Leveraging My Strength

On Friday, Jamie Flinchbaugh had a great post about leveraging your strengths or developing your weaknesses.  As he mentioned, there is no easy answer to this question.

I have been thinking about this exact question for the last few months.  I am looking to change roles in order to gain more experience and knowledge about the business I’m in.  I also want to exhibit how a change agent can “run the business” with the principles/concepts/tools I have been teaching for several years.

I have spent all of my professional life working in manufacturing.  I have a true passion for seeing manufacturing surviving and being a foundational part of our country.  I know I could go there and do very well.  Staying in operations can give me more a of a platform and security to do other things to help promote manufacturing in the U.S.  Plus, there is still plenty for me to learn about operations and manufacturing.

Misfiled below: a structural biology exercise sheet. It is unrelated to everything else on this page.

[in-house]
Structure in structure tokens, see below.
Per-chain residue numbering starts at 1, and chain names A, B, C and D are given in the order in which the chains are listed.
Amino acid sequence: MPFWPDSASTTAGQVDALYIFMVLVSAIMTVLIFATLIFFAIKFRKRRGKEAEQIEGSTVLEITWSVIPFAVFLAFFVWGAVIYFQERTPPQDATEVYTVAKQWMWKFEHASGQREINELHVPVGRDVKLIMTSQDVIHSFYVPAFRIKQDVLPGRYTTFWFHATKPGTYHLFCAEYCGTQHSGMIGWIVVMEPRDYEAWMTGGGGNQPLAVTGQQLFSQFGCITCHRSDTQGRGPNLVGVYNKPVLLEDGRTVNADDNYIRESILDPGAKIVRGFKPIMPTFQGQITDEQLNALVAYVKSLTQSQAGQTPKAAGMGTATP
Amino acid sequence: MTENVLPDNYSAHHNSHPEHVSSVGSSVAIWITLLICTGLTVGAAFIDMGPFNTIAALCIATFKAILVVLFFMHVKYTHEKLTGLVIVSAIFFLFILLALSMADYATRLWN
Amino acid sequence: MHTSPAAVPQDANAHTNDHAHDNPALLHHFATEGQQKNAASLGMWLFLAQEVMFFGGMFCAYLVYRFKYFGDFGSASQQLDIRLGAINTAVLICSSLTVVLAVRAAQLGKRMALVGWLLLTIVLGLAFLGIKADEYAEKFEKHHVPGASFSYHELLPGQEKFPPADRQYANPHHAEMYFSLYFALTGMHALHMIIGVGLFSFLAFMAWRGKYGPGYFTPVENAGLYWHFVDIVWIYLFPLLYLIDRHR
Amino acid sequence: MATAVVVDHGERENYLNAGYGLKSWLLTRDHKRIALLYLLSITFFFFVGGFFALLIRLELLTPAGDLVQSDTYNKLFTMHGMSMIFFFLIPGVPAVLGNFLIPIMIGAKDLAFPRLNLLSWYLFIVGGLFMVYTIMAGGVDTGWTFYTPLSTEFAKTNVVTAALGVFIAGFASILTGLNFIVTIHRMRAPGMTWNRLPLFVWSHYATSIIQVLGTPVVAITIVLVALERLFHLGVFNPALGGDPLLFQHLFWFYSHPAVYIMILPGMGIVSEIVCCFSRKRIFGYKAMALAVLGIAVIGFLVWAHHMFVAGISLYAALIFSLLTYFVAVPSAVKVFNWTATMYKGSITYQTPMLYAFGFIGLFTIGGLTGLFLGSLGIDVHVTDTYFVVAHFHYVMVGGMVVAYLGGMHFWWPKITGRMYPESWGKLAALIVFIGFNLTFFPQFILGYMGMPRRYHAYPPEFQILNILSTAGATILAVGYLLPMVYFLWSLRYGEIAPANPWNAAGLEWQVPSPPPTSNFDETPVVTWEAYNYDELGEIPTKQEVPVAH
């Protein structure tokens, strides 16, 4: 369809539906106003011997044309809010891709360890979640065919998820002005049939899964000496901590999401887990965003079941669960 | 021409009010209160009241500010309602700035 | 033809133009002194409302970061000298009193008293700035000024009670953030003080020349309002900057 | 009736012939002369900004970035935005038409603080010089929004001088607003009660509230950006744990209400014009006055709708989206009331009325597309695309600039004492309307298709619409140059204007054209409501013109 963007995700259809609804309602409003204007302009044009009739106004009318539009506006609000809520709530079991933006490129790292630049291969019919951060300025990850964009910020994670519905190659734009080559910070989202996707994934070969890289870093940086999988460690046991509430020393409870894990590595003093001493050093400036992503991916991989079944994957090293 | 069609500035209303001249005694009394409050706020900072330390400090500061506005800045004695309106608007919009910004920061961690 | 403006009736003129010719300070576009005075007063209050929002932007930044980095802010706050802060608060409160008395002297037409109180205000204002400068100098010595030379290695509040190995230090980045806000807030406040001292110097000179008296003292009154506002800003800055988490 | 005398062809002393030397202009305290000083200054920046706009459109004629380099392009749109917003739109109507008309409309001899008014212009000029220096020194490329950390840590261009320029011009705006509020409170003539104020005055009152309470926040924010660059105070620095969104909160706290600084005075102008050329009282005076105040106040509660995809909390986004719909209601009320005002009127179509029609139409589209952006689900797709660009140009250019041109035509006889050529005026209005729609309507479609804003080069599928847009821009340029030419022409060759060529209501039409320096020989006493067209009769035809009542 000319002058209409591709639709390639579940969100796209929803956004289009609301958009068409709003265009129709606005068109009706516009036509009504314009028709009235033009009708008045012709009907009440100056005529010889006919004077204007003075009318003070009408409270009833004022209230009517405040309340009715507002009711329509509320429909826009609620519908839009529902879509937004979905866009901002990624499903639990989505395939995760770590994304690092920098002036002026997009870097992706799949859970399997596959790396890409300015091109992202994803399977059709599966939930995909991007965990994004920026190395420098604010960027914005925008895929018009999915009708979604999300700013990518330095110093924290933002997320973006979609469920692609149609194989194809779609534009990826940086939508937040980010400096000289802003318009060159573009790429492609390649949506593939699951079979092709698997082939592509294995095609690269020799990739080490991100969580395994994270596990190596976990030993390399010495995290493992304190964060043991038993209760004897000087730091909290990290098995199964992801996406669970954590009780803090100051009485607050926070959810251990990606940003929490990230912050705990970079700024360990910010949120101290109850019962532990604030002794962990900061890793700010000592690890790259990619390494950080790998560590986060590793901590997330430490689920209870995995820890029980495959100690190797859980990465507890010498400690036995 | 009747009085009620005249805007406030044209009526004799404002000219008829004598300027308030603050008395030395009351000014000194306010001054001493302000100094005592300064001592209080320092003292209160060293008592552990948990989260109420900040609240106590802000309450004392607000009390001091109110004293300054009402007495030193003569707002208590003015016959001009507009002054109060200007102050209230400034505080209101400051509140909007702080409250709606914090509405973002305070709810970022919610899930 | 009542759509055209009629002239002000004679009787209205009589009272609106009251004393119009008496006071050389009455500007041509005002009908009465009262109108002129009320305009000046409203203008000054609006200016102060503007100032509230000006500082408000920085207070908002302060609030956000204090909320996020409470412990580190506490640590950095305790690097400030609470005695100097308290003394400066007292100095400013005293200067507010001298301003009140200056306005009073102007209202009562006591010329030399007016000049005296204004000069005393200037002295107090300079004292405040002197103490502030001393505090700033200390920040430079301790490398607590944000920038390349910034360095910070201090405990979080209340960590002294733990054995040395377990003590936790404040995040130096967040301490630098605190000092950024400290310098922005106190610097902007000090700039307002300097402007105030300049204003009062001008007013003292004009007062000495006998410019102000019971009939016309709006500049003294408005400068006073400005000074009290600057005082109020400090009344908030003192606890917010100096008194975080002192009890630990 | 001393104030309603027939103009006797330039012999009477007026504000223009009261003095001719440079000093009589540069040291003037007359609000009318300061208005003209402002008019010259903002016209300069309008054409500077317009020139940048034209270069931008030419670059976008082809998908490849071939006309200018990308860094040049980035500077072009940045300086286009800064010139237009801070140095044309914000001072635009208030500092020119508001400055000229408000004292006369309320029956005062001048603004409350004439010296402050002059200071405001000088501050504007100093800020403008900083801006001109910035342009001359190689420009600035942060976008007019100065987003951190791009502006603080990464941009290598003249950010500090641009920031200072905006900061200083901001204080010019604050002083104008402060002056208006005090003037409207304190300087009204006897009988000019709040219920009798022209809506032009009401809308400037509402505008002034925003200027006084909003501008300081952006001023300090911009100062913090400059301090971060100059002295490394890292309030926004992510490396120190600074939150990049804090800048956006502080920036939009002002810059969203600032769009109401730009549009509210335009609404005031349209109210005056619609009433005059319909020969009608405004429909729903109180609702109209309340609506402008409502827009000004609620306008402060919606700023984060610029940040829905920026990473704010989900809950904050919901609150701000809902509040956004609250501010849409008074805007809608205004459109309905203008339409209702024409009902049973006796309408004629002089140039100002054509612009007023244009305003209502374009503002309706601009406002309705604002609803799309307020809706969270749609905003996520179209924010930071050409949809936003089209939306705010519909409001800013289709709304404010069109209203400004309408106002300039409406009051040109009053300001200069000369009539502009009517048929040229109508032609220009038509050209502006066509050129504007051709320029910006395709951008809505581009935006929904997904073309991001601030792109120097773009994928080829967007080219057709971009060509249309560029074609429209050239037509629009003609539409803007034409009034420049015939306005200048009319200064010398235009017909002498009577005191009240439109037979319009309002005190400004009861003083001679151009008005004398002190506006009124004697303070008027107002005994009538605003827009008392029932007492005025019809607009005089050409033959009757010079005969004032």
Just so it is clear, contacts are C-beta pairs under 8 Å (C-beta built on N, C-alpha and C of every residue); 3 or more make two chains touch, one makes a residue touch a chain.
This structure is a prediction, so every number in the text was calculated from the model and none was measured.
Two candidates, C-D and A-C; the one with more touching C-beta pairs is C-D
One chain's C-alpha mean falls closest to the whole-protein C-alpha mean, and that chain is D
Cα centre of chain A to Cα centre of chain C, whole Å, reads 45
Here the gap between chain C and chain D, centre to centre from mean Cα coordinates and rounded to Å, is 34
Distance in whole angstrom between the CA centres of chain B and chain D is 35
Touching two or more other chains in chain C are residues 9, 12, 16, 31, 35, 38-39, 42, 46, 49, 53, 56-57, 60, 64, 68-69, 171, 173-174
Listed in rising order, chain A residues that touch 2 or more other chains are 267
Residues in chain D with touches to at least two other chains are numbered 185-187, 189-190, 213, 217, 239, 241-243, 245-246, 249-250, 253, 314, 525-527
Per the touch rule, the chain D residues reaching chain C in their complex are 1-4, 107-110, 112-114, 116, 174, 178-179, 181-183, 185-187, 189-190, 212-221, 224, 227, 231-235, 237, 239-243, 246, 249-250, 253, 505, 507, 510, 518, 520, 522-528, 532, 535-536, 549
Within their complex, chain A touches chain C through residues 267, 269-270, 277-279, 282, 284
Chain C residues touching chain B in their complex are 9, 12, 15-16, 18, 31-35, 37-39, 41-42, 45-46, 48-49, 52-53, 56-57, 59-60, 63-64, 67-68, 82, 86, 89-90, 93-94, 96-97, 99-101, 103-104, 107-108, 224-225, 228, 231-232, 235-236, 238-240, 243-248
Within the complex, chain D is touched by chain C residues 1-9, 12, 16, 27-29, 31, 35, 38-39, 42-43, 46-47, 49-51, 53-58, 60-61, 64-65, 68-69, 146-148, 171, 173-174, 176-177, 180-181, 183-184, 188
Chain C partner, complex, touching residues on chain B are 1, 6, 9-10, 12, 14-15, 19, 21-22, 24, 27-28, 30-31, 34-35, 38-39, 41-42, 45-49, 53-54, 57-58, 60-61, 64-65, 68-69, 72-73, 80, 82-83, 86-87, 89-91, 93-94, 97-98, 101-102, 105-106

Yet, I still have a desire to learn about areas of the business outside of operations in order to grow and expand my knowledge.

My wife helped me see that when I have ventured out of operations/manufacturing that I haven’t been as happy as when I was in operations/manufacturing……..so far.

In my case, it seems to be more beneficial to leverage my strength than develop my weaknesses.

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Posted on August 16, 2010, in Development, Learning and tagged , , , . Bookmark the permalink. 1 Comment.

  1. This is a relevant topic for all Matt. It’s more about turning the “lean” lens inward.

    I’m not a big fan of “strengths” and “weaknesses” debit/credit career planning. Real growth takes place in between the S & W words. Why would someone develop something they are very strong in?

    We all have limitation. In most cases, it is because we have no interest or desire to further develop these skills or experiences.

    In between, we have many skills and behaviors that could use our attention. What are these skills and/or behaviors?

    This is where turning the lean lens inward helps discover what is underutilized as well as overspecialized. There is as much danger in over developing a skill as there is in developing a “weakness” that undergoes forced development.
    developed

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